The Monarchs have recovered from last winter's big freeze in Mexico

Robert Dana robert.dana at
Mon Aug 30 12:05:00 EDT 2004

There's an old saying "a few swallows do not a summer make". I have no
reason to doubt that the North American monarch population will rebound,
but it seems a bit premature to proclaim this has happened on the basis
of the small numbers in the posted photos (by the way, Gaylord, MN, was
the town in which a large number of aggregated monarchs were killed by
spraying for mosquitoes, was it last year?). From what I have seen
myself, and from what I have been hearing from others around this
region, monarch production was exceptionally low this summer. If this
turns out to be correct, it is most likely the result of unusual weather
(much cooler than normal). I have noticed many other insects seem to be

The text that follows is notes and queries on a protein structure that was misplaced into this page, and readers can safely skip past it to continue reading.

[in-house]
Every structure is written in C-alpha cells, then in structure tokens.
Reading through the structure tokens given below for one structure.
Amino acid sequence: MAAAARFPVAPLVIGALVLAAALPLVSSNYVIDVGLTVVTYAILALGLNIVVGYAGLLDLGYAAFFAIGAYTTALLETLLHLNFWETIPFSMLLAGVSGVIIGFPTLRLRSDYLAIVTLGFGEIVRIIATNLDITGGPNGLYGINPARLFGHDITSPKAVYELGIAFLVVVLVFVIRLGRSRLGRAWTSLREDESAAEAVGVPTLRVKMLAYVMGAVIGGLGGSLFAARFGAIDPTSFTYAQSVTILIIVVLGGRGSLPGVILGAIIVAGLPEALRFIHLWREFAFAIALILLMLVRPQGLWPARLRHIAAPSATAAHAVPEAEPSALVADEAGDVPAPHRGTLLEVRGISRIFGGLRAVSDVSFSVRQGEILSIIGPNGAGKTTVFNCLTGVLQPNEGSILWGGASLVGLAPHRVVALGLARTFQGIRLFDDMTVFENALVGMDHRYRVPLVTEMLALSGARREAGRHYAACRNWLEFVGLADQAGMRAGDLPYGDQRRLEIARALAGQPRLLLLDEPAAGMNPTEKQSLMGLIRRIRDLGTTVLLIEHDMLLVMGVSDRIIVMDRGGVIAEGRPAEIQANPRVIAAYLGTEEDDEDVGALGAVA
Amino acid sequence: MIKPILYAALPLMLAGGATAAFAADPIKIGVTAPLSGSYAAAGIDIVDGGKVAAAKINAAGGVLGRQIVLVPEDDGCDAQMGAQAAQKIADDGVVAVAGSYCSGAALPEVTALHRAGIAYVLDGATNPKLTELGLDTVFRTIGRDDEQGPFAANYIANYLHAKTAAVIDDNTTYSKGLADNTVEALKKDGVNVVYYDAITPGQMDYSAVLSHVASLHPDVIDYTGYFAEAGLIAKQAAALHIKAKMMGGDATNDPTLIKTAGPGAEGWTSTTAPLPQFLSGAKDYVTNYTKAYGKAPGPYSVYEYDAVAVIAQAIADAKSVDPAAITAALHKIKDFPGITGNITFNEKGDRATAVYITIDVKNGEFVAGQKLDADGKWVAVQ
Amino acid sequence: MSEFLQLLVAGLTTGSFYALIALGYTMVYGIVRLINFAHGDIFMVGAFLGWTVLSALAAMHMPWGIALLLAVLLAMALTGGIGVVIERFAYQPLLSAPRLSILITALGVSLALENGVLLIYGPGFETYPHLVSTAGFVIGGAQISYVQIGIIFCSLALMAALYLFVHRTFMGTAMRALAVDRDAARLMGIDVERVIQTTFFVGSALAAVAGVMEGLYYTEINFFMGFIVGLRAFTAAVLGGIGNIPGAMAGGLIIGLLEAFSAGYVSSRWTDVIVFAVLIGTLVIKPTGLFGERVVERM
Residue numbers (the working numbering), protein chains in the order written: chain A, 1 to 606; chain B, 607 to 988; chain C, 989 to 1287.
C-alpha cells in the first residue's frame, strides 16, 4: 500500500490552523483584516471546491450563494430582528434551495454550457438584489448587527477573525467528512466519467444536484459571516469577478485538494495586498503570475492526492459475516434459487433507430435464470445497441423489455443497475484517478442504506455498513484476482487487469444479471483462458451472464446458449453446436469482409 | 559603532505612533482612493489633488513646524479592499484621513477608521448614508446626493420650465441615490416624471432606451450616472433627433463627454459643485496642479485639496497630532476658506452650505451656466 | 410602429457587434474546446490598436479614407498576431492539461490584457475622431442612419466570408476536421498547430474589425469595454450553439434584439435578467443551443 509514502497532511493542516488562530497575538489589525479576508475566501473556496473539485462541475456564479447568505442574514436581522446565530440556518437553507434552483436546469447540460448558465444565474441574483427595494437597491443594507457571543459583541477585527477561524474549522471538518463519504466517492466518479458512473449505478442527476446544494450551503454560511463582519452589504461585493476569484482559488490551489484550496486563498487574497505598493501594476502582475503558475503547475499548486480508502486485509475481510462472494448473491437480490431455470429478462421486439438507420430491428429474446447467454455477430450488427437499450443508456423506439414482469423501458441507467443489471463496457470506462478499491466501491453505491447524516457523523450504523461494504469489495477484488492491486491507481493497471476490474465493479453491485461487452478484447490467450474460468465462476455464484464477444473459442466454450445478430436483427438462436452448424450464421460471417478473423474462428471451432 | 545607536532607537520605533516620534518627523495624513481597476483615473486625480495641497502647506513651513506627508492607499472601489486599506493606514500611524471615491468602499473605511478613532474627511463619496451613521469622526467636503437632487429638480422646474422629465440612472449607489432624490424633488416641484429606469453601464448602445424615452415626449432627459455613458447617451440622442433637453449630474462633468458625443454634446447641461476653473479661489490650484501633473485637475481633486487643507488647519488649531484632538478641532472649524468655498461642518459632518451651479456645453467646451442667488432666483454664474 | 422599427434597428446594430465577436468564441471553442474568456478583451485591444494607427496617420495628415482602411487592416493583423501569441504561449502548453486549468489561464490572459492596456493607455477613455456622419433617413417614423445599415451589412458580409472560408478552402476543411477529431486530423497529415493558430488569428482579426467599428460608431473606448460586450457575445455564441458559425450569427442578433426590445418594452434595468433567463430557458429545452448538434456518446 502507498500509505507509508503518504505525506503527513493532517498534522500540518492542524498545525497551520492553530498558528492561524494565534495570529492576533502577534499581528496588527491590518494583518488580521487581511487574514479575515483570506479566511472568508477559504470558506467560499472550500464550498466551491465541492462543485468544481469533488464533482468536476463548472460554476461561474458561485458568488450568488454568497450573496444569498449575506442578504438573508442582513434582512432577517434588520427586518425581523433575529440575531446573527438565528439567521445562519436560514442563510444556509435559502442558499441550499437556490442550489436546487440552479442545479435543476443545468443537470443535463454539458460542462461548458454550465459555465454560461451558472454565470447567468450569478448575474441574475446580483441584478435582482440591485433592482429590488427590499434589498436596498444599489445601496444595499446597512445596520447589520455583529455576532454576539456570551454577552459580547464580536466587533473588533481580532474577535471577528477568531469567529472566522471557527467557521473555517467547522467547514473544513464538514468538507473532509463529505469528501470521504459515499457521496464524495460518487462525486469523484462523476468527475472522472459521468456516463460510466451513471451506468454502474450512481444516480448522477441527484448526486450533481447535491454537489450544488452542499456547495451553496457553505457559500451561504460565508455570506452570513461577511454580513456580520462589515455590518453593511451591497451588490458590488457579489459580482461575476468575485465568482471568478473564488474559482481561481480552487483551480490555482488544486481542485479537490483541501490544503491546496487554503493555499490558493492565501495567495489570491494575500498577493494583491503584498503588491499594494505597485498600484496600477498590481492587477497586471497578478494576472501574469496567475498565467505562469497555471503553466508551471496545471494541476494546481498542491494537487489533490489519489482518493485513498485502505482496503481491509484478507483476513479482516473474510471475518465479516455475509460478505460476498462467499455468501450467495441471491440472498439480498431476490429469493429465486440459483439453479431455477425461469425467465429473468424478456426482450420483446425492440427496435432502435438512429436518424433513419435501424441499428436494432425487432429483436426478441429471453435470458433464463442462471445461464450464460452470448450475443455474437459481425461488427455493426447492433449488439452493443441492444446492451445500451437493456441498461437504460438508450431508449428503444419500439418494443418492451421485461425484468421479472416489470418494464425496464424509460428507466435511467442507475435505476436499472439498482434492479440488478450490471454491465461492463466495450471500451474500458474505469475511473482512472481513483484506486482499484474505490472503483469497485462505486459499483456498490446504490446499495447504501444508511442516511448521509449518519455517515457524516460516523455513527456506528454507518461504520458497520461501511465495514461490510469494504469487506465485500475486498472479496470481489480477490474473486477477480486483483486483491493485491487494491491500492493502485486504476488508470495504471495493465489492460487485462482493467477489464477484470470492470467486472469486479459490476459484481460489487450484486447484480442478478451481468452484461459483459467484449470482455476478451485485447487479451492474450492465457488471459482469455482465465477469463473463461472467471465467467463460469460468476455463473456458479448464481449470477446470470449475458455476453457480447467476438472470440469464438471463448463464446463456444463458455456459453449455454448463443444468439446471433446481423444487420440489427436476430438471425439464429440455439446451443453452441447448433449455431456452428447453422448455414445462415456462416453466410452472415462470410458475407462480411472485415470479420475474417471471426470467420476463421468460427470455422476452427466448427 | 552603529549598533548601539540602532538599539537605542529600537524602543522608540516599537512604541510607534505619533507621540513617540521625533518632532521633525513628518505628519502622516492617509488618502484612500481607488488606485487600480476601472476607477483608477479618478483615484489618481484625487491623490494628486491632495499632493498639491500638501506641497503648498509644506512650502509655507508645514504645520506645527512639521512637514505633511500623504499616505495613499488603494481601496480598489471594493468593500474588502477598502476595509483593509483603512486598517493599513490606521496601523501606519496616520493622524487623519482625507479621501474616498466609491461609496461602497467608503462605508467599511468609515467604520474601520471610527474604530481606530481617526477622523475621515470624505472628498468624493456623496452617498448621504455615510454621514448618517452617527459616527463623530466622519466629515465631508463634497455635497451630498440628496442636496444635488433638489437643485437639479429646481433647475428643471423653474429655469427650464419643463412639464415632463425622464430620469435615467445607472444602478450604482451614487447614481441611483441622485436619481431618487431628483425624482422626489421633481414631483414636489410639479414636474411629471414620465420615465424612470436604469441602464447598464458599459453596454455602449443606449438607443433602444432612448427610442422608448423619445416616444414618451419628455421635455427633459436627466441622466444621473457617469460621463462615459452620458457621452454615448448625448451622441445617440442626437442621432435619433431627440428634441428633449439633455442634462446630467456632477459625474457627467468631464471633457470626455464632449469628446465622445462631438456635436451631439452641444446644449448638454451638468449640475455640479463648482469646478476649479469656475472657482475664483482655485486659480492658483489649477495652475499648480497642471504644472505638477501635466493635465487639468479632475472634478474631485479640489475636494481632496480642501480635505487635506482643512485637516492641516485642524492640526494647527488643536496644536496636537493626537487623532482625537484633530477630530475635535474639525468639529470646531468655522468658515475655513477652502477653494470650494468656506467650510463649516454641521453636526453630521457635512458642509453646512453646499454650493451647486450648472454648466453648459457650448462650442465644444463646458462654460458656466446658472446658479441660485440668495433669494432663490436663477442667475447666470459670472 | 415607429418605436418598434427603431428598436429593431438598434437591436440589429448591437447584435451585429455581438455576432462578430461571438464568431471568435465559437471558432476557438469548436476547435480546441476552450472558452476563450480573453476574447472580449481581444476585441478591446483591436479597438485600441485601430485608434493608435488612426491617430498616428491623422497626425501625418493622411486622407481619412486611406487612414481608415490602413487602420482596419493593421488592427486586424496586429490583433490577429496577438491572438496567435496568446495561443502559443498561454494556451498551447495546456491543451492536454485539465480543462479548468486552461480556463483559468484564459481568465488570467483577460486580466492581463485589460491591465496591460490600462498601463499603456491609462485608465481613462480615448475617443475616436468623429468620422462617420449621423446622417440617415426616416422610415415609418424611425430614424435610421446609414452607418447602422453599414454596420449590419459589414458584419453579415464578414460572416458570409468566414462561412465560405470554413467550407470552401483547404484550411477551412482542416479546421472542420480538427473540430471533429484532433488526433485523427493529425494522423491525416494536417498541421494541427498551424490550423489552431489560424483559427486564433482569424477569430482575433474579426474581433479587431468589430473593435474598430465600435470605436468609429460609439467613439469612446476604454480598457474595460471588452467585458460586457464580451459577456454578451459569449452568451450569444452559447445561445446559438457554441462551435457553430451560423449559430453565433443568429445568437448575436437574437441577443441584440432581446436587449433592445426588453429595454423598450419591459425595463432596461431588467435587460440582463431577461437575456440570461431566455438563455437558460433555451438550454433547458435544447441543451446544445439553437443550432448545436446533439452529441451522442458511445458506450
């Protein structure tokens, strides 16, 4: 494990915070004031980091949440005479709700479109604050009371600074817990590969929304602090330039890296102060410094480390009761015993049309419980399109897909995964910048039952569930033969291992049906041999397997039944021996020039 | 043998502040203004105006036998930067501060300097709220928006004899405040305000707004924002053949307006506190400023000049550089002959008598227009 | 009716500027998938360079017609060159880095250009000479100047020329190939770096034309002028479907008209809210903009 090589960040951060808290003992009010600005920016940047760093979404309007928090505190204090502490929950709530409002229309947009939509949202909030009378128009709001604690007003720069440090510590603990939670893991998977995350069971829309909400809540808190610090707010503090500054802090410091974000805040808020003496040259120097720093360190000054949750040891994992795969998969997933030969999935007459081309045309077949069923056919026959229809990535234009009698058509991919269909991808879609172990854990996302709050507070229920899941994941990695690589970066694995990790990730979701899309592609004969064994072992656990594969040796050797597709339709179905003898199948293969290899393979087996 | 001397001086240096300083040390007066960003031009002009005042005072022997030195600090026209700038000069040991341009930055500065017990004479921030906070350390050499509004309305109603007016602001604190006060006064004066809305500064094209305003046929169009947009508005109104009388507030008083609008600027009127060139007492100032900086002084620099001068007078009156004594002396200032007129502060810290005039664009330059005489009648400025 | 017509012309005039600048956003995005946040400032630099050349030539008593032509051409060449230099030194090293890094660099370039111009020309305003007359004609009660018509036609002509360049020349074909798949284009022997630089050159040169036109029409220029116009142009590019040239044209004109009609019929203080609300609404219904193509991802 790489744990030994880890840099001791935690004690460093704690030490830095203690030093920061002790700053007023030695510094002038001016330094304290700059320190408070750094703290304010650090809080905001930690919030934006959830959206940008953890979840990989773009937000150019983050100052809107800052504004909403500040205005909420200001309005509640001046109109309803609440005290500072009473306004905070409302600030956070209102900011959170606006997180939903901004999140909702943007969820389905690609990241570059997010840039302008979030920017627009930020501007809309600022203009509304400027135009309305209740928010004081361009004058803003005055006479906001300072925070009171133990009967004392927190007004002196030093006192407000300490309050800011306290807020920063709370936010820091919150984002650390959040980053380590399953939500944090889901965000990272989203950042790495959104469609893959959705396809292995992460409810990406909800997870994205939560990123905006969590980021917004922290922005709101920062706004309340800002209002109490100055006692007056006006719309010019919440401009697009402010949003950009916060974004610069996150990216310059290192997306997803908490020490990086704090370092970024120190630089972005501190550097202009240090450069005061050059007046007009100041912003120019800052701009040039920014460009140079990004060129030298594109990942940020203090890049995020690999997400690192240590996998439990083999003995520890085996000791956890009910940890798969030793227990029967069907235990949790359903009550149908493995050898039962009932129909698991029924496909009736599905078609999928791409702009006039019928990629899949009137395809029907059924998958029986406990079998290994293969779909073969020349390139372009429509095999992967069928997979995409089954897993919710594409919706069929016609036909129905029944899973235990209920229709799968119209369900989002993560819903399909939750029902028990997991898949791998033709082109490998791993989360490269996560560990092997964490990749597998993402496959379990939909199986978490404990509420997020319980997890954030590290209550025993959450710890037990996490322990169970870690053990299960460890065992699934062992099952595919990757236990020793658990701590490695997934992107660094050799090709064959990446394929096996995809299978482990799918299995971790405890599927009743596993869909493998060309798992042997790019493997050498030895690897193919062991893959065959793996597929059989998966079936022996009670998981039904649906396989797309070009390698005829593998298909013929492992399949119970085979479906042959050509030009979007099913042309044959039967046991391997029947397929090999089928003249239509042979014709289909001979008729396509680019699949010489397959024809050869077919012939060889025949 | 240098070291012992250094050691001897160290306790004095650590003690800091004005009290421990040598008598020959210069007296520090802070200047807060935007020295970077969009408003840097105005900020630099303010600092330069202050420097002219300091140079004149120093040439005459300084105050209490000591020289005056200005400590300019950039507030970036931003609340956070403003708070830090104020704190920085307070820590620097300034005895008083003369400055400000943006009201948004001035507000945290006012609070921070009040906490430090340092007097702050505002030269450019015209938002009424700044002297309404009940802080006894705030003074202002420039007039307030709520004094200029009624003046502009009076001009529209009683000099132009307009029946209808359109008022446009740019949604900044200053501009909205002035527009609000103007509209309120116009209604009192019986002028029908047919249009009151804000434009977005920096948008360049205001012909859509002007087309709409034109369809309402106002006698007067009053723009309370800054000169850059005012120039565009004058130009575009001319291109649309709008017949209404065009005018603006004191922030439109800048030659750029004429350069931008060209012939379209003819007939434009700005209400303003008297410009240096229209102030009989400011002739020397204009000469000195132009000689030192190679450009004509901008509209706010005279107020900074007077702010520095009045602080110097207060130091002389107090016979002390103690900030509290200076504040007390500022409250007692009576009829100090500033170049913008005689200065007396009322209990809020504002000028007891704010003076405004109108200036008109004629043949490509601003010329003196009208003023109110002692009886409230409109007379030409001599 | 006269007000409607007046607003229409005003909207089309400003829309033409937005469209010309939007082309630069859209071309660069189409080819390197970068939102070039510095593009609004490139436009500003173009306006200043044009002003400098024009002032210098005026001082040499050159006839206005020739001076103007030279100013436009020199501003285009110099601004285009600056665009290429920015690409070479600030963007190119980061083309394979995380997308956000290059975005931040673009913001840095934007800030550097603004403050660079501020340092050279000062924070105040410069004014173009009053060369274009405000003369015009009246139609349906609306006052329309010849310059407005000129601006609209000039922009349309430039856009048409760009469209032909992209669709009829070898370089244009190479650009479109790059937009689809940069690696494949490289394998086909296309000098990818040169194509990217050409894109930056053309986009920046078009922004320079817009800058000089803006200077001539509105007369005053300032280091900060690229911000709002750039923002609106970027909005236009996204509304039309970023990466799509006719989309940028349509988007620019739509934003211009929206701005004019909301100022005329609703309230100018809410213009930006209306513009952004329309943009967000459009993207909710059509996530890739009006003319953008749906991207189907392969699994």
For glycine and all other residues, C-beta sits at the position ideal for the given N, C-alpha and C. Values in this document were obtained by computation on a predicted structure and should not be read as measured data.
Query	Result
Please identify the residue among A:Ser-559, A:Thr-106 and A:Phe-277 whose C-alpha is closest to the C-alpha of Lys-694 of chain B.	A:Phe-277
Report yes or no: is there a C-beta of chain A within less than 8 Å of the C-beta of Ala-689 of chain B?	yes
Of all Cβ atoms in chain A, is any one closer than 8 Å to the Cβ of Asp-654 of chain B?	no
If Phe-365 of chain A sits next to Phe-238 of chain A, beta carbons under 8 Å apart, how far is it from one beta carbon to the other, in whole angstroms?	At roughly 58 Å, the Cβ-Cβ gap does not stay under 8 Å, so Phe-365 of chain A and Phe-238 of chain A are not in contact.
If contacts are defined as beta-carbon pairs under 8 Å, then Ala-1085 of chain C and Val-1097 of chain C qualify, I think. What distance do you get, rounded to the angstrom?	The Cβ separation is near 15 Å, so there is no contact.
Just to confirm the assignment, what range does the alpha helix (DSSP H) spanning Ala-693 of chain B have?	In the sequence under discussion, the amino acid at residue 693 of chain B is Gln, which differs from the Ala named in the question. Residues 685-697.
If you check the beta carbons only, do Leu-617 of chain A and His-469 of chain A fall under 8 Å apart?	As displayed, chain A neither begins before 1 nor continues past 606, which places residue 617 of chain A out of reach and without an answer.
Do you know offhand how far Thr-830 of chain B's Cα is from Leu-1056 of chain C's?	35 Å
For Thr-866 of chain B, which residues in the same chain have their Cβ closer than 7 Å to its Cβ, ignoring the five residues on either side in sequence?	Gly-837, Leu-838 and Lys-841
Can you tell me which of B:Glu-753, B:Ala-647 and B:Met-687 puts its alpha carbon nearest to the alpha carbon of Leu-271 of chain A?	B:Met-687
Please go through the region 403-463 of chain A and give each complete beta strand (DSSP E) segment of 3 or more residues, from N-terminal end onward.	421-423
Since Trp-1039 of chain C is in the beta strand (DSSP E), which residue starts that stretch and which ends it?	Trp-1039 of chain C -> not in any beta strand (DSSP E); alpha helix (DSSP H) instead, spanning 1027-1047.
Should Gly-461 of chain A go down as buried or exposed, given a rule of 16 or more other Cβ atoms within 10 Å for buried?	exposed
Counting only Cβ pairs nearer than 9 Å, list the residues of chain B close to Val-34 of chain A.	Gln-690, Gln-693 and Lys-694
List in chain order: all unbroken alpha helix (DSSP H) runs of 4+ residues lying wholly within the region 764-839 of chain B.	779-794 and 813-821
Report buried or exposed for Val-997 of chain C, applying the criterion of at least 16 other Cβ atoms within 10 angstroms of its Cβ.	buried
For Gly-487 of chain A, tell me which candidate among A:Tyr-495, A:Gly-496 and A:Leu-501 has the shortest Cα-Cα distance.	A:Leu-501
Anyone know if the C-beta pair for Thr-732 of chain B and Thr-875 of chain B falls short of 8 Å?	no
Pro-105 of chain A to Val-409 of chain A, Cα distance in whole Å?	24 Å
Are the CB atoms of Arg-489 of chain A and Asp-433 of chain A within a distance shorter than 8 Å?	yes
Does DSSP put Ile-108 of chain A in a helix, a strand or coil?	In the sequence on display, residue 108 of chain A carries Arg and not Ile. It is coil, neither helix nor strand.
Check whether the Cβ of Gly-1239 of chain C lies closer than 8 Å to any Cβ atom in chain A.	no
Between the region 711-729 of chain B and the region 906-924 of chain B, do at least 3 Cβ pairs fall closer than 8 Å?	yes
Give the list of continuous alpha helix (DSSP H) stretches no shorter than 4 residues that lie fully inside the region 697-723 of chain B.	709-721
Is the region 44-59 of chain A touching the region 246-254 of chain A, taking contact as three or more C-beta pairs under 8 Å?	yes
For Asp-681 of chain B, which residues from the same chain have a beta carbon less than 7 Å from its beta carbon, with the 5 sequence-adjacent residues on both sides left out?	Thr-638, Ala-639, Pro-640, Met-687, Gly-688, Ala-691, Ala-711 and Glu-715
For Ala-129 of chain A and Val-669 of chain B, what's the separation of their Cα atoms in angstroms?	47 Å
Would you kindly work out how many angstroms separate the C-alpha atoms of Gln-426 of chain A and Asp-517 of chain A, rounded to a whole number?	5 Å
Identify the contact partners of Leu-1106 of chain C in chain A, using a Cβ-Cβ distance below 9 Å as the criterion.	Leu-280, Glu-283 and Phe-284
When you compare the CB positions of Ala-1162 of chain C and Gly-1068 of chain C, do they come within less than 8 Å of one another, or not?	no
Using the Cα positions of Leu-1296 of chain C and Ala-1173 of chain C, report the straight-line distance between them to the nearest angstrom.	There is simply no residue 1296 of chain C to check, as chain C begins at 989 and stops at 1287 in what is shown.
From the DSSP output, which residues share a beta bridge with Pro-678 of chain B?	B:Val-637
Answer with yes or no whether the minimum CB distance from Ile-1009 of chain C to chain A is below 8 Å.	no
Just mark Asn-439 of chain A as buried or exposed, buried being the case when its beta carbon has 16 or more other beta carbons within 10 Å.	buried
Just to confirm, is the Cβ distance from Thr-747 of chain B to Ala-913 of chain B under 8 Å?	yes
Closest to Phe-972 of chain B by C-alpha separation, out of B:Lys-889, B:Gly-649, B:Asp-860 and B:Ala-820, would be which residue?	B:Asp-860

much scarcer than usual. I don't know how widespread this apparent
phenomenon is.

What have others been seeing?


Robert Dana, Ph.D.
Natural Heritage and Nongame Research Program
500 Lafayette Rd, Box 25
St. Paul, MN 55155
651 297-2367
Email: robert.dana at

>>> Paul Cherubini <monarch at> 8/27/04 3:00:44 AM >>>
In the past, the monarchs have always quickly recovered from big 
winter kills and this past summer has been no exception.  Here are 
some picturesI took during a recent trip to the upper Midwest (in 
the heart of YieldGard Bt corn and Roundup Ready Corn & 
Soybean Country): 

So the size of the monarch migration headed to Mexico this coming 
fall should be pretty close to normal.

Paul Cherubini
El Dorado, Calif.


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